The Principle (A Movie Review)


There has not been in recent years a documentary getting as much negative feedback and comments than that of the Principle. Now there is nothing entirely wrong with this (We have freedom of speech). However the problem comes in the fact that most of these comments and movie reviews have been mere character attacks against the producers of the movie, or they have been made by either people who have admitted to not having even watched the movie, and lastly by people that although they have seen it, have done so in a way that is completely biased and quite unfair to the documentary.

As several people mention in the movie, it is very common in the scientific community for something that contradicts that which is held by mainstream science as true to be attacked, rejected, and discarded.

Although I am by no means an expert in the field which this documentary touches, I have chosen to do my own movie review for the Principle which I consider a lot fairer, balanced, and hopefully a lot more objective towards the movie than others have.

Human life and earth are significant: Challenging the Copernican Principle

By NASA Goddard Space Flight Center ( [CC BY 2.0 (], via Wikimedia Commons

One of the premises that the documentary made was that it challenged the Copernican principle which holds that planet earth is not in a special place in the universe, and that there are no special places in the universe nor any formalities. This scientific principle has indirectly formed specific scientific and philosophical views that earth and furthermore humans are insignificant. This can easily been seen as shown in the movie by the ideas of people like Carl Sagan in his Pale Blue Dot

Our Posturing, our imagined self-importance, the delusion that we have some privileged position in the universe, are challenged by this point of pale light… Our Planet is a lonely speck in the great enveloping cosmic dark. (Pale Blue Dot)1

This is also true of various atheist scientists such as Stephen Hawking and Richard Dawkins who similarly hold the idea that humanity and earth were but cosmic accidents.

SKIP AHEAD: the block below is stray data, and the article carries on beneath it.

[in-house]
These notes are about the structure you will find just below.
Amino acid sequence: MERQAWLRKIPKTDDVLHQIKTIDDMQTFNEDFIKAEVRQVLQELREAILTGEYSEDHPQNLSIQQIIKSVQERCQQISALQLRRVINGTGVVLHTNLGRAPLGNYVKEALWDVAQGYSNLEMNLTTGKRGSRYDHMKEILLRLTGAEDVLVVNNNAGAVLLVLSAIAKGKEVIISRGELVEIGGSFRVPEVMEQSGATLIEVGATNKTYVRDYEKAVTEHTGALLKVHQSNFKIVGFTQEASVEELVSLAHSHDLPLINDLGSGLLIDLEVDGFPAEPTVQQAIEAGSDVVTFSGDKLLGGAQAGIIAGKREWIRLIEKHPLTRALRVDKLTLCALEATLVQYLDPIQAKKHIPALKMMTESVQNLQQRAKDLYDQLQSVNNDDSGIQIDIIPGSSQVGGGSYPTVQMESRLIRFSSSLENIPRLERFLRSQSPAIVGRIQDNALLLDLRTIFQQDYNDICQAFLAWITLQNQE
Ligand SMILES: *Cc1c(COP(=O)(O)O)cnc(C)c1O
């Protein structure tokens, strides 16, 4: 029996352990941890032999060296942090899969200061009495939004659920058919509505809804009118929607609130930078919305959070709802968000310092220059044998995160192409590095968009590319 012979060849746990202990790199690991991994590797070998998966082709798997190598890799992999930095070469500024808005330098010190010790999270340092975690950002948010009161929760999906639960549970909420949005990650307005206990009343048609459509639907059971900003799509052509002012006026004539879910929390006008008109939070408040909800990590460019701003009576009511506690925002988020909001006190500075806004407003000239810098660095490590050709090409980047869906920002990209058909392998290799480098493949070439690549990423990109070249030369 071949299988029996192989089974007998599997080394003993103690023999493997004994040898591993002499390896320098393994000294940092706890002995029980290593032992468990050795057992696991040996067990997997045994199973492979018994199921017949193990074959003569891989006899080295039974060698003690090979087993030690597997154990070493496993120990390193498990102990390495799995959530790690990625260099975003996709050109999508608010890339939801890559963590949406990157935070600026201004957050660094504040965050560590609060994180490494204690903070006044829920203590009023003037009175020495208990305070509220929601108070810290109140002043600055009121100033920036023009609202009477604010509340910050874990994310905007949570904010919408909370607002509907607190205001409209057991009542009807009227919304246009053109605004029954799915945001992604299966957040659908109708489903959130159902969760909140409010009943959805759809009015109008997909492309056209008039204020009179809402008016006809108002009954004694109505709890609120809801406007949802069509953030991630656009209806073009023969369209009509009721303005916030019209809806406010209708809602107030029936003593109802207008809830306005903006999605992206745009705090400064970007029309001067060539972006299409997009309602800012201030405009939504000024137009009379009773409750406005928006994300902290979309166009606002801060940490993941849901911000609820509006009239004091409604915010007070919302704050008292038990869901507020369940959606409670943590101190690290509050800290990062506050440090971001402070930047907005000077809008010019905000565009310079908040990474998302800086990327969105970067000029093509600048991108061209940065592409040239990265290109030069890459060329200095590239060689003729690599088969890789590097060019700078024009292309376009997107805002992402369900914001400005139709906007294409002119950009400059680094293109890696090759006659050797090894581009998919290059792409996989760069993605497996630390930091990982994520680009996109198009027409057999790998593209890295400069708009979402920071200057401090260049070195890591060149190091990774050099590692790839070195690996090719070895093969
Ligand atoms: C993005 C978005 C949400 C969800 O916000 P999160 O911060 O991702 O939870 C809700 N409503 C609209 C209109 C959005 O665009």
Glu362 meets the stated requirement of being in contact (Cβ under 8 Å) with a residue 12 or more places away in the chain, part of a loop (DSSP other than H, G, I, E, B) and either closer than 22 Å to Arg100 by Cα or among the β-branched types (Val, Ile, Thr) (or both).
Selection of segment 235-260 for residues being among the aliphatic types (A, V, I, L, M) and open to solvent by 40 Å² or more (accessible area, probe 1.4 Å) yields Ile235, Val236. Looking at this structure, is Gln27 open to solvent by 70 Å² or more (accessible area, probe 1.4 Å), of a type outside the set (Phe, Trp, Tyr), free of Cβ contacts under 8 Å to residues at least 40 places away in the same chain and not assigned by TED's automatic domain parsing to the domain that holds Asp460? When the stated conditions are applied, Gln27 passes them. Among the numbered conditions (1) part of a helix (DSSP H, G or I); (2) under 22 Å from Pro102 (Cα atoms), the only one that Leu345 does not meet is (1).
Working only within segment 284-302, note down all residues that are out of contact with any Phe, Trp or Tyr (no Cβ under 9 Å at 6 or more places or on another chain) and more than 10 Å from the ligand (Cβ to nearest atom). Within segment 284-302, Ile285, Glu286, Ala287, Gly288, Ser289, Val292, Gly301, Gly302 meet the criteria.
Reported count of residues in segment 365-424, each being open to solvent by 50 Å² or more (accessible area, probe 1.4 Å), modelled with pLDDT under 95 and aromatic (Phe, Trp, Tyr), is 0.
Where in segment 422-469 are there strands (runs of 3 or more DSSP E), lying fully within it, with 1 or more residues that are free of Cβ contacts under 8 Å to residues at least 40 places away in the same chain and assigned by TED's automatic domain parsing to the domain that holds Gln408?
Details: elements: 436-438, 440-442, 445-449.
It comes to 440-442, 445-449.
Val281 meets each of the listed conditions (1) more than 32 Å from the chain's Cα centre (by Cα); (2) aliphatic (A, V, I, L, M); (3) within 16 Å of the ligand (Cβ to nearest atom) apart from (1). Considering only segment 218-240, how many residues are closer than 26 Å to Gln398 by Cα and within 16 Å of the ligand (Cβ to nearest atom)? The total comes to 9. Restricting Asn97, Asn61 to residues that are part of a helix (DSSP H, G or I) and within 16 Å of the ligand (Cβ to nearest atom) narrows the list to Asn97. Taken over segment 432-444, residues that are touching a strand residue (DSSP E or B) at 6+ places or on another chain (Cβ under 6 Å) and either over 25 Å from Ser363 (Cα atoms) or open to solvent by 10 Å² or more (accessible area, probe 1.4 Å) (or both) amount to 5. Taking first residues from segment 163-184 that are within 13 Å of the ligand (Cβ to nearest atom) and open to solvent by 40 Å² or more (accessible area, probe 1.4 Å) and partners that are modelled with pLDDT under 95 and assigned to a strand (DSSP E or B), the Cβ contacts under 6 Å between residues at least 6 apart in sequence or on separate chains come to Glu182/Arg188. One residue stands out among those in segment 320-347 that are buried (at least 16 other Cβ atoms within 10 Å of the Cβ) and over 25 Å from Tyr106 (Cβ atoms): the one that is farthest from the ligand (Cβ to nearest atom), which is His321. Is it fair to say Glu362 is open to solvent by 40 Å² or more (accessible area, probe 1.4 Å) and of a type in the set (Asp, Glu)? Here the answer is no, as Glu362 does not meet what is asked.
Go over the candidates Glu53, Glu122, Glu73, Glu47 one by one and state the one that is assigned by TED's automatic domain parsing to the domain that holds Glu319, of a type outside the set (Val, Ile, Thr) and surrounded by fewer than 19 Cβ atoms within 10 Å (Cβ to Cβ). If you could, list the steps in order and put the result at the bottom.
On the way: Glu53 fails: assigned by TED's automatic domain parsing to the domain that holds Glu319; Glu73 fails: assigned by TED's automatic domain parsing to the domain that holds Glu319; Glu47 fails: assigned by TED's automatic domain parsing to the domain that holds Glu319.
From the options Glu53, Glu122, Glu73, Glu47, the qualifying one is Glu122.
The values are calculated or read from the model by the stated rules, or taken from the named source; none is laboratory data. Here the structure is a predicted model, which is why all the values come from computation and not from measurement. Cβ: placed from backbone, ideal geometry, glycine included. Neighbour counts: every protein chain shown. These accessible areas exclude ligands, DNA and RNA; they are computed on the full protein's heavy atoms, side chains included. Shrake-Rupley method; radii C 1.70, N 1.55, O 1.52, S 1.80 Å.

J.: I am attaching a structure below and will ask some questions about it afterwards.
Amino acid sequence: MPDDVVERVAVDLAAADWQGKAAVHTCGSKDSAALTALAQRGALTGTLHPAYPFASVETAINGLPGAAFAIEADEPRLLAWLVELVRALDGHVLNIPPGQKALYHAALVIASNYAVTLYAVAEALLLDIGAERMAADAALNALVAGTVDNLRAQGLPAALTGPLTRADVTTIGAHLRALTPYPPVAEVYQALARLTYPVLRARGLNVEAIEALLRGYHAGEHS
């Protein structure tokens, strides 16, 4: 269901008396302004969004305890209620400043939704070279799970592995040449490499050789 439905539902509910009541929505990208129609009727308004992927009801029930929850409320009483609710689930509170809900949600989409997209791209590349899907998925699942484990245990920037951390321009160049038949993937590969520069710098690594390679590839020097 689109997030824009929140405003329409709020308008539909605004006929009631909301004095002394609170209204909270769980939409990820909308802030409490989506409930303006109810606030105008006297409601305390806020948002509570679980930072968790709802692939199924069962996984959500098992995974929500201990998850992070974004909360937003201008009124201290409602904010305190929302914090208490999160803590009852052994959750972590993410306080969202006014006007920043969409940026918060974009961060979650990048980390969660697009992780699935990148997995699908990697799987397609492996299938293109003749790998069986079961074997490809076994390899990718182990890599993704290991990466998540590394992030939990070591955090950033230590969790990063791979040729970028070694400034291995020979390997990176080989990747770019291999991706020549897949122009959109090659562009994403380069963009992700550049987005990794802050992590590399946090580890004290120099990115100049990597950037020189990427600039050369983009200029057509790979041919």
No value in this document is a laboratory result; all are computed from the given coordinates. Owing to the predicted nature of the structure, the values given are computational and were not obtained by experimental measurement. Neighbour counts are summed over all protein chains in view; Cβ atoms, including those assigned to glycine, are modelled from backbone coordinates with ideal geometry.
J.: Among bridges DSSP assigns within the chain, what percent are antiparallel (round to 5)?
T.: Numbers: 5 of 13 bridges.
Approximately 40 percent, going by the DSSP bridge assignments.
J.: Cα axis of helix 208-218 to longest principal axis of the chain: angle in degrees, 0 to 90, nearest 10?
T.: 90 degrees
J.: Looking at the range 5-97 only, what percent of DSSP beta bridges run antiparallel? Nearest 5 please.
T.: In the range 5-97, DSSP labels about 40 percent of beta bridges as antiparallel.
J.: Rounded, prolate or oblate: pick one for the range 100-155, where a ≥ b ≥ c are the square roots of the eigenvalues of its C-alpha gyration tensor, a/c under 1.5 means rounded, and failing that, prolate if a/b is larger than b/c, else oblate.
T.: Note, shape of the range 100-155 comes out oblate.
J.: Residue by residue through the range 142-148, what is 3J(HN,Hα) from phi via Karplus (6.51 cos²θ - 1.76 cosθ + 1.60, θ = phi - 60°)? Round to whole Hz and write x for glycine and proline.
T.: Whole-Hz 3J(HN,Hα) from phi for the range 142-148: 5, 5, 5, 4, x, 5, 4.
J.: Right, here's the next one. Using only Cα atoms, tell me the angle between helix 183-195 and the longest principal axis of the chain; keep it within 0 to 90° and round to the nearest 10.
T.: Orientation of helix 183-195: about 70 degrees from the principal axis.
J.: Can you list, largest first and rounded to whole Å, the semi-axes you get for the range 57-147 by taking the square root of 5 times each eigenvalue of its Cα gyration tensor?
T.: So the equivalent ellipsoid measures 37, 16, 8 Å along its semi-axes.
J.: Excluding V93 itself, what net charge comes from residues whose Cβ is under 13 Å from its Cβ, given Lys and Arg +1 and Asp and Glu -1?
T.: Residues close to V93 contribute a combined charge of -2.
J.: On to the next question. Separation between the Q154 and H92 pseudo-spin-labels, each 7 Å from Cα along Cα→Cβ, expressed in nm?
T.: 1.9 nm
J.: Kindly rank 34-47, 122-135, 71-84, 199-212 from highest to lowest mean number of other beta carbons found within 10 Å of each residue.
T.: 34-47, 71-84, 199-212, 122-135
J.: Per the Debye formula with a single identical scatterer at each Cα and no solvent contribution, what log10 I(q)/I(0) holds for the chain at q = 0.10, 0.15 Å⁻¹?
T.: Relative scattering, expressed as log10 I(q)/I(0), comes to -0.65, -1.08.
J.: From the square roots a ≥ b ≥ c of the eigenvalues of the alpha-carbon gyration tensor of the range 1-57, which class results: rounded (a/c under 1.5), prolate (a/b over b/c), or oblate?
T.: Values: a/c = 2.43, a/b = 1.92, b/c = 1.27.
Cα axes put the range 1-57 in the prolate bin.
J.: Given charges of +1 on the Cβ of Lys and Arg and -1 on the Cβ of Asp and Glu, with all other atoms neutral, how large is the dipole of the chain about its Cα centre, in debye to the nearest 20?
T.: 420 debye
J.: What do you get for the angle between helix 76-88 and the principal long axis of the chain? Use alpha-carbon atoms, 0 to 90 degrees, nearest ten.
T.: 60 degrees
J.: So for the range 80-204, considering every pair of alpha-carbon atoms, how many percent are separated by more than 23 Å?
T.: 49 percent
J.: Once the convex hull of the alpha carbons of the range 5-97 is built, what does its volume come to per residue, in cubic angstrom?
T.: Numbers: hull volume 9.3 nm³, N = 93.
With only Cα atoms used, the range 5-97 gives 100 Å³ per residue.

Now doesn’t the movie also make the case for geocentrism? Yes it is true that the producers are adherents of geocentrism (I will get into the topic later) but I think that whether the movie convinces you to be a geocentrist or not, I think the overall movie does a good job in posing as a challenge to the scientifically accepted Copernican principle, including the view held by many scientists that being human and living on earth is entirely meaningless.

One simple but yet quite convincing argument that is made in the documentary regarding the significance about planet earth, is simply that it is the only planet which we currently know about with just the right living conditions to sustain life (e.g., water, right weather conditions, right terrain, etc.). Now many will say that we are now finding many more “earth-like” planets, yet we are still not entirely sure.

Faith and Reason


Another aspect that the movie touches upon is the compatibility of faith and reason. The problem of modern science (I would call it scientism) is that God and theology are often off limits. I think Michio Kaku says it well when he stated that it is almost considered taboo to talk about God and theology when discussing science. The movie furthermore brings up the fact that the Catholic Church has often been a great promoter of science.

This is true when the movie expresses for example that the Church through its promotion and use of philosophical and theological arguments helped develop early natural philosophy, which eventually became the bedrock and foundation for the natural sciences and scientific method. The Principle documentary gives accounts and illustrations regarding medieval cosmological maps which emphasized the scientific interests in a time which was predominately Catholic.